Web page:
First, because revelation means that God assumes a form so that we humans can know who he is, we must understand that our true knowledge of God is only a result of divine self-accommodating grace. To know God in the way he has permitted us to know him is to know him in both unity and distinction. Jesus Christ as the incarnate Son is the visible revelation of the invisible God the Father, and therefore he must be distinguished from God the Father. Yet because he truly and ultimately reveals who God the Father is, there is a necessary unity or identity of essence between them. Therefore, we must confess with the Nicene Creed that the Father is known in the Son; that everything Jesus Christ made known about God and accomplishes "for us and our salvation" is affirmed by his deity; and that as the incarnate Son, Jesus Christ is worthy to be worshipped and adored.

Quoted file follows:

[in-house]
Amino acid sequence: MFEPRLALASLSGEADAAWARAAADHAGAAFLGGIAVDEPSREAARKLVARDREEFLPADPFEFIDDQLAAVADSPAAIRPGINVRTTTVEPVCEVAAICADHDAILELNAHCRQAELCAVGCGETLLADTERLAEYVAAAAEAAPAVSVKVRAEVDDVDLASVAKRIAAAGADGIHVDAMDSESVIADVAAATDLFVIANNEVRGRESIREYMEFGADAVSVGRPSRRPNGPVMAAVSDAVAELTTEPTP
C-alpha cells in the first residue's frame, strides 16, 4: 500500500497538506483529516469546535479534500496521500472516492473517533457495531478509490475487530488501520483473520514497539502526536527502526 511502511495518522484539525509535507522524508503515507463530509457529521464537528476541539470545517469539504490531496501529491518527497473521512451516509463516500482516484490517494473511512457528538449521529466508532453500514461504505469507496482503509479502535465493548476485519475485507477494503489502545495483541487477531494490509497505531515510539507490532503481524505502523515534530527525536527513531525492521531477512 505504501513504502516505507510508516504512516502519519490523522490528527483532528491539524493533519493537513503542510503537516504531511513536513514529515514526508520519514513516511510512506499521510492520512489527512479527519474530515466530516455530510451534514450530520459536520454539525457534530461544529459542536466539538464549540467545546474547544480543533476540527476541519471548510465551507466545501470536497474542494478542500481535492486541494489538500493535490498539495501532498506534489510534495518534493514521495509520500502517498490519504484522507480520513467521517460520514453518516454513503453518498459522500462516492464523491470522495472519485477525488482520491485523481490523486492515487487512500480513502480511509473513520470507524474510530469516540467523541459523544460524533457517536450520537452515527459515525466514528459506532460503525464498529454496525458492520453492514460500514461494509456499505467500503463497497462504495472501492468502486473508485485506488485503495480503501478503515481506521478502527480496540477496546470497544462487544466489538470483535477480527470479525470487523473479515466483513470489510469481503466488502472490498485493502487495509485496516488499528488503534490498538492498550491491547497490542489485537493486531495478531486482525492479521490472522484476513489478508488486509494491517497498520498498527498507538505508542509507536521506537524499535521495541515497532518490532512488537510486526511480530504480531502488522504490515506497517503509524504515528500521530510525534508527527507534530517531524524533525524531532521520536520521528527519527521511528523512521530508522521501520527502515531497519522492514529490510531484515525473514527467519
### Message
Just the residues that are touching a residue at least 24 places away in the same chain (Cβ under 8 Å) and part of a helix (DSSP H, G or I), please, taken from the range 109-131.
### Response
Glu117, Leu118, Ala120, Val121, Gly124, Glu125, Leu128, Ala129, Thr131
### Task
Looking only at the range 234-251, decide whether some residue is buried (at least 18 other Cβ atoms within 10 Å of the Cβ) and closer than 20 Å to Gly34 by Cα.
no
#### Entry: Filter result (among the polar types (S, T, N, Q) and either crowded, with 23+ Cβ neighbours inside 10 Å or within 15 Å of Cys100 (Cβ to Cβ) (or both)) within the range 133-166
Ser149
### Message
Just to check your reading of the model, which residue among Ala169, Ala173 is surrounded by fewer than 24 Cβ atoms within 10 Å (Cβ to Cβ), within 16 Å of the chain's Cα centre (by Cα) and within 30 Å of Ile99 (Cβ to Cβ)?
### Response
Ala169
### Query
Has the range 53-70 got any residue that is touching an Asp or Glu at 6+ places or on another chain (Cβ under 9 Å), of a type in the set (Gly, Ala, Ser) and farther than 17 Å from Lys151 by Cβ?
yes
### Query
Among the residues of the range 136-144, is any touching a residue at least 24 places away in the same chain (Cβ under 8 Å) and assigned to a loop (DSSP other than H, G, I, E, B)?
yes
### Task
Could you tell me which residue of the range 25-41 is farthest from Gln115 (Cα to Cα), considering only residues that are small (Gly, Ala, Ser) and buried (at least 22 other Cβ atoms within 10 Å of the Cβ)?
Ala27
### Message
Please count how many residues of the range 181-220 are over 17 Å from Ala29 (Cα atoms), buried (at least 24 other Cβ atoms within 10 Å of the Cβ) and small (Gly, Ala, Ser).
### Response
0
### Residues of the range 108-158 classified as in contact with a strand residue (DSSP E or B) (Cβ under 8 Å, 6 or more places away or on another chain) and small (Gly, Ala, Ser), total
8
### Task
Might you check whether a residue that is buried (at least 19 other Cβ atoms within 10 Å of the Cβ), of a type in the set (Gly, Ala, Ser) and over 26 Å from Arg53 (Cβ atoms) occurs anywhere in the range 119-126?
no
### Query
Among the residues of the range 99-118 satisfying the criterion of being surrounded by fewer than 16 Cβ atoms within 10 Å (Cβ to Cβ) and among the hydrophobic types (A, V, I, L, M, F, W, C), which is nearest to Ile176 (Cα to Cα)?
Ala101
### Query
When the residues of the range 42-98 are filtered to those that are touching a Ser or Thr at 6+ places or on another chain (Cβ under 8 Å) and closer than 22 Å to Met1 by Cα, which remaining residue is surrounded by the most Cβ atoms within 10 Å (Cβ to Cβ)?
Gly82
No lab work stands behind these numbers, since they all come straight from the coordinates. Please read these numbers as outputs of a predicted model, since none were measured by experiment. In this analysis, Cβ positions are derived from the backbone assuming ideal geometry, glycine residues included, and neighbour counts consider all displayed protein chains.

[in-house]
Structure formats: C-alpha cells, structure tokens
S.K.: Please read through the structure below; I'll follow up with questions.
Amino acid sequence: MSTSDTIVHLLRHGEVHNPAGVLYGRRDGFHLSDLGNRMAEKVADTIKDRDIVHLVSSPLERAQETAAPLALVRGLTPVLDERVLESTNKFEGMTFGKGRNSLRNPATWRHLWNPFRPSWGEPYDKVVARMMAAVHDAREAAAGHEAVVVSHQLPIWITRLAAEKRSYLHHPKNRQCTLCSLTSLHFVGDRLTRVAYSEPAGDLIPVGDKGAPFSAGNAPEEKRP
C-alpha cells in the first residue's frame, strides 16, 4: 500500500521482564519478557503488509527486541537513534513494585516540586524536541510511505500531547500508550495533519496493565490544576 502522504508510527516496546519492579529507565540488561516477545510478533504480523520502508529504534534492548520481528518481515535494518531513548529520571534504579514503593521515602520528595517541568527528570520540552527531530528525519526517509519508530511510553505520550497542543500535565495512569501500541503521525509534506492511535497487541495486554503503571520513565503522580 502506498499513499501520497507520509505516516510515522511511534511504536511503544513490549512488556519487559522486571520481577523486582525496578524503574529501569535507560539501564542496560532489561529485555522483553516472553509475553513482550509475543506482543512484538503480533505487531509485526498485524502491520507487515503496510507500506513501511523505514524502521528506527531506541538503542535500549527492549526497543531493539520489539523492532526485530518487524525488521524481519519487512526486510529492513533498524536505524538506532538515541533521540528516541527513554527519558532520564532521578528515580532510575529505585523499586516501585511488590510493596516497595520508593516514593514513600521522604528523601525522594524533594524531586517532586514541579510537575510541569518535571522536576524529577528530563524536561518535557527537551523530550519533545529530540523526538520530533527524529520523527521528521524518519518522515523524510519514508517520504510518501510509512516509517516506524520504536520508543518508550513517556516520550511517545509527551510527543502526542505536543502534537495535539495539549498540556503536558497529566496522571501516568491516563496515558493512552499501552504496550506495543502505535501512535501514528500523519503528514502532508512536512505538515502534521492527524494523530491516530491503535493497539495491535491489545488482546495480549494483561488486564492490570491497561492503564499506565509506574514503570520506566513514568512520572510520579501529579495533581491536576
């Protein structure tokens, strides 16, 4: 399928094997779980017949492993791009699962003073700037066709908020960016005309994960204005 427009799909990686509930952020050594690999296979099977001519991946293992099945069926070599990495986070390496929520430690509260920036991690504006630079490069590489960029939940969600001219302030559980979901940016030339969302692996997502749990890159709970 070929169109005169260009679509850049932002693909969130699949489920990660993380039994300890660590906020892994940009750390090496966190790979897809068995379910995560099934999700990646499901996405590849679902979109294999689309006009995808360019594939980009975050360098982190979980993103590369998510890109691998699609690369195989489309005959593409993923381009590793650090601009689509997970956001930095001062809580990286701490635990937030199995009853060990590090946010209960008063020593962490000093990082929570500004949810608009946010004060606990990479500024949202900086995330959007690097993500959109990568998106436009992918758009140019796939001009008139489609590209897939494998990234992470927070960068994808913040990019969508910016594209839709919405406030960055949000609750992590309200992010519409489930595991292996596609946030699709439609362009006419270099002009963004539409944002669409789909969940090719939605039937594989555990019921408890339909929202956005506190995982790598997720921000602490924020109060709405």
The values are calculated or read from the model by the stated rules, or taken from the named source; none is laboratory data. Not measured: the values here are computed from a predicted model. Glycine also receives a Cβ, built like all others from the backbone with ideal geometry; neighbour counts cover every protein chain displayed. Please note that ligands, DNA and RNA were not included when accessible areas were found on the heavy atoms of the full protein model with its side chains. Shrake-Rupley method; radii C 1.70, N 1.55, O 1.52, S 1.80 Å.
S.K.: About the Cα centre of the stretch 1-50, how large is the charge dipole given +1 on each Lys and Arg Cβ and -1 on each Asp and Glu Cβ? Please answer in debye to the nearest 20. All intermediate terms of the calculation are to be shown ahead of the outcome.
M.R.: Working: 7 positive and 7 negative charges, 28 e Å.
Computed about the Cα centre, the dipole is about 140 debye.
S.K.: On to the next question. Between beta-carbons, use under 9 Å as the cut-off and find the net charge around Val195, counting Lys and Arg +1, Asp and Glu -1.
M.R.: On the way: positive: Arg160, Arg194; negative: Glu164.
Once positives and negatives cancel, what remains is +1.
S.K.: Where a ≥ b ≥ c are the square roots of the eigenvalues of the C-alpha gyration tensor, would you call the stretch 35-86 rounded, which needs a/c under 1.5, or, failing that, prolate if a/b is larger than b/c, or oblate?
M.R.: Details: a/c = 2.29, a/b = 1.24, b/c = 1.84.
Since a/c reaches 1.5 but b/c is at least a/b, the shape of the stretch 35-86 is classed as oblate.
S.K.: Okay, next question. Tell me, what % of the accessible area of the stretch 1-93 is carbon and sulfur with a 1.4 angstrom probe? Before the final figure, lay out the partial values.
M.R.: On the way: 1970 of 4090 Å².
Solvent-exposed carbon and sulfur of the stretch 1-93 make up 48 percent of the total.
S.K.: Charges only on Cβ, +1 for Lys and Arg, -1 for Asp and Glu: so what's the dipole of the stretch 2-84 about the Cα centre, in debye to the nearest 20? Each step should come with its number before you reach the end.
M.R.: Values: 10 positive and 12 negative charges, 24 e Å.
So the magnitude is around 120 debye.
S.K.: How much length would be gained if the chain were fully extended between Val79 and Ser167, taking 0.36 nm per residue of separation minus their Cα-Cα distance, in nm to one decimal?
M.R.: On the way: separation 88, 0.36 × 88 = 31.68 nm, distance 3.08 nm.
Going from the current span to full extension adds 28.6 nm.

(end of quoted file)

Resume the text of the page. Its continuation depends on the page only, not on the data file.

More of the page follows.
Second, because this biblical trinitarianism assures us that everything Jesus Christ says and does on earth is God speaking and acting, it is only reasonable that our vision and hope should be grounded in his words and deeds. For this reason, the normative context for our Christian vision should be the message of the gospel concerning Jesus Christ; the normative context for our narrative should be God's redemptive plan culminating in Jesus Christ; and the normative context for our hope should be the promises of God made certain in Jesus Christ.